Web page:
Taiwan Statebuilding Party

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Taiwan Statebuilding Party

台灣基進黨
ChairpersonChen Yi-chi
Founded15 May 2016 (2016-05-15) (as Taiwan Radical Wings)
HeadquartersKaohsiung, Taiwan
Ideology
Political positionLeft-wing[3][4]
National affiliationPan-Green Coalition[5]
Legislative Yuan
1 / 113
Municipal mayors
0 / 6
Magistrates/mayors
0 / 16
Councillors
0 / 912
Township/city mayors
0 / 204
Website
https://statebuilding.tw/
Chairperson Chen Yi-chi

The Taiwan Statebuilding Party (TSP; Chinese: 台灣基進黨) is a political party in Taiwan which advocates Taiwan independence. The party was established in 2016 as Taiwan Radical Wings.[6] It is supportive of the Democratic Progressive Party.[2]

As of 2018, the chairperson was Chen Yi-chi.[7]

In the 2020 legislative elections in Taiwan, the party won one seat, with Chen Po-wei becoming its first member of the Legislative Yuan.[8]

References[edit]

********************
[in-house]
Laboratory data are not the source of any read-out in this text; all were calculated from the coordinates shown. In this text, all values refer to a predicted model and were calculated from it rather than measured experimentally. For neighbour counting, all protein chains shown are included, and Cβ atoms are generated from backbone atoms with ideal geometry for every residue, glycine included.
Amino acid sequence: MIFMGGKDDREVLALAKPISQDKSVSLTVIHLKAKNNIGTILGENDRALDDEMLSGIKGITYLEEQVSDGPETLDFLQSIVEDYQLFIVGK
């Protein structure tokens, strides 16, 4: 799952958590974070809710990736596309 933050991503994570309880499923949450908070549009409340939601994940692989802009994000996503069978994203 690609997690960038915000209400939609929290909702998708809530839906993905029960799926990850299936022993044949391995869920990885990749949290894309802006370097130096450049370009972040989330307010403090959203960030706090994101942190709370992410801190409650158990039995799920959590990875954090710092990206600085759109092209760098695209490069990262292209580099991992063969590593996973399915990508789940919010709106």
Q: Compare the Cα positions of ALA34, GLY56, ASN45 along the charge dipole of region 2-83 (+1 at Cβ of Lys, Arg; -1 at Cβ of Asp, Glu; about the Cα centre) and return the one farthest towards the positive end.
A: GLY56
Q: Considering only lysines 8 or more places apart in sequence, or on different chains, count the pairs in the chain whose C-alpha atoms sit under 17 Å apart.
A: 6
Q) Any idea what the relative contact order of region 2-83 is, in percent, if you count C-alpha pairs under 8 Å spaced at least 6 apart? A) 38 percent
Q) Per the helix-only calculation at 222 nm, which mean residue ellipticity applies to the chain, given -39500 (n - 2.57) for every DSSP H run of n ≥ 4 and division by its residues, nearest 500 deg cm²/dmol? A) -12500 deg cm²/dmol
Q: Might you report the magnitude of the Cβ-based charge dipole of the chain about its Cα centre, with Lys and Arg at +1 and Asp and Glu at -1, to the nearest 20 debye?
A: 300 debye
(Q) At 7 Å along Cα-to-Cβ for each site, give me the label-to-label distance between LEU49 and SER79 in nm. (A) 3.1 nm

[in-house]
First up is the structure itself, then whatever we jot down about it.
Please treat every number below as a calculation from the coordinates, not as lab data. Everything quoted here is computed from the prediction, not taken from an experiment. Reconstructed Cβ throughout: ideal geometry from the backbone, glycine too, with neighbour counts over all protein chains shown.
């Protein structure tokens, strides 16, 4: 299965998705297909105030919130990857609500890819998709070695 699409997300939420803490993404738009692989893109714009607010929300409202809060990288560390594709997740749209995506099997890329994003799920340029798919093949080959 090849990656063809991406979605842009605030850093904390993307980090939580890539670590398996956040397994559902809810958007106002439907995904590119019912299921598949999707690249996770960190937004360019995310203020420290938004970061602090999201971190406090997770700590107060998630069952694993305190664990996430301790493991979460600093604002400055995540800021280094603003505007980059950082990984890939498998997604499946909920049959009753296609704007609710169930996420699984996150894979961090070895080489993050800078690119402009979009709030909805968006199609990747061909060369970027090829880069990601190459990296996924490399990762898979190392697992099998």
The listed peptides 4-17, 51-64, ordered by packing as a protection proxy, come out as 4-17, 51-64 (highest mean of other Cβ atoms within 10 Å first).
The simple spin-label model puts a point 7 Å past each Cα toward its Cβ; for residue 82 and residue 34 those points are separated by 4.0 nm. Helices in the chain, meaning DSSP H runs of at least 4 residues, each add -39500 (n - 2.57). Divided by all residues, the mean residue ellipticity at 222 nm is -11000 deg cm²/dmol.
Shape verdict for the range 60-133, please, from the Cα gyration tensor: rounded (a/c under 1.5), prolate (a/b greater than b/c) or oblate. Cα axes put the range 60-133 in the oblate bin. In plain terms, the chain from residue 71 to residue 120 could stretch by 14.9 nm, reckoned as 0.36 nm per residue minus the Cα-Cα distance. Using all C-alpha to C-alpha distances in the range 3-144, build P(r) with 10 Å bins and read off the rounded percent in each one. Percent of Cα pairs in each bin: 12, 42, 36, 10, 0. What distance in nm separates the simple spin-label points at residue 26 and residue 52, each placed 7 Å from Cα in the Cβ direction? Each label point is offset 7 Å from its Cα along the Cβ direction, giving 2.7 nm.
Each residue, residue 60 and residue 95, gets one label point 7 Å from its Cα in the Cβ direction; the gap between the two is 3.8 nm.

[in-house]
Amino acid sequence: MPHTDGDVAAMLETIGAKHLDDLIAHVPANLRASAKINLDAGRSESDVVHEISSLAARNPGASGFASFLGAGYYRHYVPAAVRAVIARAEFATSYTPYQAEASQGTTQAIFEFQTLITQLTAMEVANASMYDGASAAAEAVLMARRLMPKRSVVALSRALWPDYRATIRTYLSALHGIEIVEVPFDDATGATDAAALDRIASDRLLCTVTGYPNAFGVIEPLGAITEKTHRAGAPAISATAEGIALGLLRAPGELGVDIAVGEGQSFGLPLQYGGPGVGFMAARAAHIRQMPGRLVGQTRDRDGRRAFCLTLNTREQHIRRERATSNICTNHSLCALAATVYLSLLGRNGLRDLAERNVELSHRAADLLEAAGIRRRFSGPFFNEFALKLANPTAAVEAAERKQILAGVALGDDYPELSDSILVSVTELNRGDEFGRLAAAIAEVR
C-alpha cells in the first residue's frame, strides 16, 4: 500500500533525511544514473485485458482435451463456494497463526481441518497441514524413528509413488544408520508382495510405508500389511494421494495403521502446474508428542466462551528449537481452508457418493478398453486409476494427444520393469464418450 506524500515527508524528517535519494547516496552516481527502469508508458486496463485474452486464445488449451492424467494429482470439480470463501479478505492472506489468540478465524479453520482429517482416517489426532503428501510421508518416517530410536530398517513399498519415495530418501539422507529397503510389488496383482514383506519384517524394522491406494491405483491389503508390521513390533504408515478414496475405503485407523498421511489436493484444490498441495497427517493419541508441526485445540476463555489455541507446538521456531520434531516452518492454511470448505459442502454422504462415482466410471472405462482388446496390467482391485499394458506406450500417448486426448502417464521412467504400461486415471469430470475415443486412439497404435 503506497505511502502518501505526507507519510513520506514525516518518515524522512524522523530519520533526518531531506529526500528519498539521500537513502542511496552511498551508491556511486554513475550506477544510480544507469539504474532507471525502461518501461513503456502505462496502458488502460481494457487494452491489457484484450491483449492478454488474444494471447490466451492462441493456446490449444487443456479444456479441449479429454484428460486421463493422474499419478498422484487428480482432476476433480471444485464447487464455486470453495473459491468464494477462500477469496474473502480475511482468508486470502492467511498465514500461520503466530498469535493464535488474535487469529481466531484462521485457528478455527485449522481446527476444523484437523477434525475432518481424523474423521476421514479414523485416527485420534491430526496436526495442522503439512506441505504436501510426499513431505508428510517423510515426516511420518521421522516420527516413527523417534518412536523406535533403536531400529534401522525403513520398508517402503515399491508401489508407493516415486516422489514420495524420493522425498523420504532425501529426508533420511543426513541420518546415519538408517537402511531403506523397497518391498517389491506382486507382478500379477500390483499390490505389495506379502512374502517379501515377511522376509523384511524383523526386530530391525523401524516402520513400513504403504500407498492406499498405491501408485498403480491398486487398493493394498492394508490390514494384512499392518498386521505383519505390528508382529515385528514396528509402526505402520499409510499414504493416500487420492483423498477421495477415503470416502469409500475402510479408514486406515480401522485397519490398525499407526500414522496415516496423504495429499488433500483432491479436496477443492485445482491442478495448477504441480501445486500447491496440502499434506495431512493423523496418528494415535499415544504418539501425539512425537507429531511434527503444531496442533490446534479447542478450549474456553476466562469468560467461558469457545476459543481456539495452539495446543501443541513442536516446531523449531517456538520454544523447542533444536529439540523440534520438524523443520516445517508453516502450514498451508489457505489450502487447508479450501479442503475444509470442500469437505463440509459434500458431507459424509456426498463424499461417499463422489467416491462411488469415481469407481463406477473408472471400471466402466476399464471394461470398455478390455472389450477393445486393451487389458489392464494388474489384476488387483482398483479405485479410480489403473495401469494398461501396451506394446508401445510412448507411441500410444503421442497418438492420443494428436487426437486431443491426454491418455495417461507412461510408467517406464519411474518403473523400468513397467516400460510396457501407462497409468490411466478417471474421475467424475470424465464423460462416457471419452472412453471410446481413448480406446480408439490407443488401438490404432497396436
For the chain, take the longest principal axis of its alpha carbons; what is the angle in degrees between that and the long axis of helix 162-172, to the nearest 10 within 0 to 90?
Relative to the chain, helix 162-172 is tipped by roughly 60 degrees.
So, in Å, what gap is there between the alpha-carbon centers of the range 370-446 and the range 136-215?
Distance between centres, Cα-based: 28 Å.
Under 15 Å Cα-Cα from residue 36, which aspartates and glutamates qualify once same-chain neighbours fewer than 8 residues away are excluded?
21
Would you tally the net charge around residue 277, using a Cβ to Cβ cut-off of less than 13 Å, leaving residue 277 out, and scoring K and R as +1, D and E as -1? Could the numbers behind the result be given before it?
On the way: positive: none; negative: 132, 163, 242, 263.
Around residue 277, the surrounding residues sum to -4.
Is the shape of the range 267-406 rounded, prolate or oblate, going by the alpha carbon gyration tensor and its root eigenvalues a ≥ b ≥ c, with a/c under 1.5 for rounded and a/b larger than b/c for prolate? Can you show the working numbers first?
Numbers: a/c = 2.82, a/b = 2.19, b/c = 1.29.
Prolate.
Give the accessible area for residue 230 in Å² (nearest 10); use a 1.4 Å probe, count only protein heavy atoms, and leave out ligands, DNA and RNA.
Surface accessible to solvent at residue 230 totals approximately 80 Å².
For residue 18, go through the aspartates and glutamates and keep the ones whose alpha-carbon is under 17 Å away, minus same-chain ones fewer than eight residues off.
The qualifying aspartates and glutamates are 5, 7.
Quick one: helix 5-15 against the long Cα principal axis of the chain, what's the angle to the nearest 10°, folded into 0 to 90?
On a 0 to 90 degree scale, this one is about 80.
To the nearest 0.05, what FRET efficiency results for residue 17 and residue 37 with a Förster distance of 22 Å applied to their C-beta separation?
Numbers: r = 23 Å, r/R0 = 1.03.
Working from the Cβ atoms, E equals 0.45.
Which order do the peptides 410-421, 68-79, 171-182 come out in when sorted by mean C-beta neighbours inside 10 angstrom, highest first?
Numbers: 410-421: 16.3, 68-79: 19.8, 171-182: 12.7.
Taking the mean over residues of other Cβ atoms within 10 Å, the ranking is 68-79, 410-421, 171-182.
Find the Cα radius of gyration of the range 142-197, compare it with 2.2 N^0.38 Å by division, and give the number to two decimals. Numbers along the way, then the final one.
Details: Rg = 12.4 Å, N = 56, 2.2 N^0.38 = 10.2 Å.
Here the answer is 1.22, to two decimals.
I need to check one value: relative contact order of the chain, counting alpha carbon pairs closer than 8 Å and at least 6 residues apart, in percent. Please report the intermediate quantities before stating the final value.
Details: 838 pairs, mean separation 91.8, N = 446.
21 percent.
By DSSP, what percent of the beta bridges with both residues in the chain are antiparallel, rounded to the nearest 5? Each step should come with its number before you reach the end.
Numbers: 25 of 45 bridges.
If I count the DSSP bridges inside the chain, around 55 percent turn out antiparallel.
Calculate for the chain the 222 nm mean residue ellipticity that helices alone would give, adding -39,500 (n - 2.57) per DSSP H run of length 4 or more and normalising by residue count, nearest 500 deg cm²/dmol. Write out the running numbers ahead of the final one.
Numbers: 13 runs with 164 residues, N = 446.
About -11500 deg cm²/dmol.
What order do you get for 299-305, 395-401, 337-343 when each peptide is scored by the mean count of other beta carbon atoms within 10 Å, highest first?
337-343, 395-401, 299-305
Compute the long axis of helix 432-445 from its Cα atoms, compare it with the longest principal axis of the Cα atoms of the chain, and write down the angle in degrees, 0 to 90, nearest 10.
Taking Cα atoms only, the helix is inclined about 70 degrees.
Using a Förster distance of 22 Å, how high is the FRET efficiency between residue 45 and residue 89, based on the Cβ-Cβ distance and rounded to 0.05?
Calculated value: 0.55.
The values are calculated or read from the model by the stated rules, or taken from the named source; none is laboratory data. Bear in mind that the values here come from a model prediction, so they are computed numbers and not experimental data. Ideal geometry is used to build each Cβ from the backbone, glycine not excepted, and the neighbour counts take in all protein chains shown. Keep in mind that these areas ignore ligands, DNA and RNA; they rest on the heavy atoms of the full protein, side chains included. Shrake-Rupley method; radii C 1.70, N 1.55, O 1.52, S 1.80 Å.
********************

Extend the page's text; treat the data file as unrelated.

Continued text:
1. ^ a b Taiwan Statebuilding Party Platform(Chinese)
  2. ^ a b c Chris Chang (28 December 2019). "Voices of the 2020 Taiwan legislative elections: Taiwan Statebuilding Party". Taiwan News. Retrieved 11 January 2020.
  3. ^ "Record number of smaller parties seek legislative seats in Taiwan election". The Straits Times. 9 January 2020. Retrieved 16 February 2020. ...left-leaning Taiwan Statebuilding Party and the NPP are popular with younger voters.
  4. ^ "Taiwan Activist's Wife Calls on China to Allow Him Home For Funeral". Radio Free Asia. Retrieved 16 February 2020. Lin Yu-ming of the left-wing, pro-independence Taiwan State Building Party said that China is increasingly seeking to inflence the democratic island's 23 million residents ahead of presidential elections in 2020, at which Tsai is seeking re-election.
  5. ^ "2020 ELECTIONS / DPP retains legislative majority, KMT gains seats". 11 January 2020. Retrieved 11 January 2020.
  6. ^ Ng, Kang-chung (8 May 2019). "Pro-independence Taiwanese party broadcasts recording of woman claiming to be Hong Kong localist who fled the city ahead of Mong Kok riot trial". South China Morning Post. Retrieved 11 January 2020.
  7. ^ William Yang (20 October 2018). "Taiwan's independence rally draws thousands, irks China". Deutsche Welle. Retrieved 11 January 2020.
  8. ^ Ching-Tse Cheng (11 January 2020). "Taiwan Statebuilding Party candidate wins in KMT stronghold". Taiwan News. Retrieved 11 January 2020.

External links[edit]